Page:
I’ve known this for awhile, but it’s taken some time to find the way. The way my skills and strengths and life experiences, limited though they seemed, could become something important. How could I help people? What did I have to offer? Nothing felt like enough. I was still searching when I went overseas last year. And that’s when things really got rough.
New York for Christmas with the family seemed like a magical idea. Christmas trees and cold and holiday windows and maybe even snow. I guess I never thought about the other side of New York until I got there. Poverty. Homelessness. Loneliness and greed. I remember walking the Brooklyn Bridge with my family and thinking: I shouldn’t be here. What right did I have to holiday in a place where people were starved for food, warmth, shelter? How could I enjoy Christmas knowing so many people were out there in the cold, hungry and alone?
New York broke my heart. But that’s necessary sometimes. Only after breaking can something begin to mend.
On Christmas eve we went to a church service near Times Square. It was a church started by Australians and it felt like a little piece of home. The sermon was on waiting for a plane, waiting for a dream to be realized, waiting for direction, and at the end of the service we were given bundles of blankets and food to give to the homeless people we passed on our way home. I remember the first homeless woman we encountered on our walk to the subway station. She cried when a man handed her the gift. Are you sure? she asked him, as if she couldn’t believe this humble bundle was for her.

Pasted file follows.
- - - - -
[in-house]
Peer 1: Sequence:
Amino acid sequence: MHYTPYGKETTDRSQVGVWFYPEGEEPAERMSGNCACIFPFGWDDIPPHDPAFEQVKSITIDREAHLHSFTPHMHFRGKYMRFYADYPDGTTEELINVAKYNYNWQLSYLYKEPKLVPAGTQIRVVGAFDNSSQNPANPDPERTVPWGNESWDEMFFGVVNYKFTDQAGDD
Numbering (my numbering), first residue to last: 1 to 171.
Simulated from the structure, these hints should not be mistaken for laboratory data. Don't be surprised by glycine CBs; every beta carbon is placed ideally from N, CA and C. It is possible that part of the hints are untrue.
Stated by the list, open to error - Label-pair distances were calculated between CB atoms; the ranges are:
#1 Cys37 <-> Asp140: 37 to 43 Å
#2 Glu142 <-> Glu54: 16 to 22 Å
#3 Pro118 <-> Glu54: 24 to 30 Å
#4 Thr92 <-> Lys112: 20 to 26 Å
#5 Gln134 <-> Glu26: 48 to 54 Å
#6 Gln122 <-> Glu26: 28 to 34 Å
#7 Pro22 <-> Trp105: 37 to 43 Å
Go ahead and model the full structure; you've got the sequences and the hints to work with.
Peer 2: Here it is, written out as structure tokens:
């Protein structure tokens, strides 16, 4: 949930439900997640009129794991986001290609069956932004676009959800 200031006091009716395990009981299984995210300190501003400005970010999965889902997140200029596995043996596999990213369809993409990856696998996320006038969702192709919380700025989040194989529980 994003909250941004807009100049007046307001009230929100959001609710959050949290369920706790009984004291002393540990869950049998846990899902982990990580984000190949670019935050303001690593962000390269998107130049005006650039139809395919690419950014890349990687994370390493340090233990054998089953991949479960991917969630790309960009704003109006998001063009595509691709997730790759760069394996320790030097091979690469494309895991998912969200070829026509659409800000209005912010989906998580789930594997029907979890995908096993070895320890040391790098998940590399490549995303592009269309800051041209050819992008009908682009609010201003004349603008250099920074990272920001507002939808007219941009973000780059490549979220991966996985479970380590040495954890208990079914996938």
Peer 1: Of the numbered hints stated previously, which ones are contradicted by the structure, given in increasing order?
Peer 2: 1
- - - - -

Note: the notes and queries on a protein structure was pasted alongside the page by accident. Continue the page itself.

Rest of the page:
That was the start of things. I still wanted for a method, but I’d found my cause. I was going to help the homeless. And with that realization came a sense of urgency. It wasn’t enough to know what I was meant to do, I needed a how. I needed a big idea, and these things don’t always come quickly.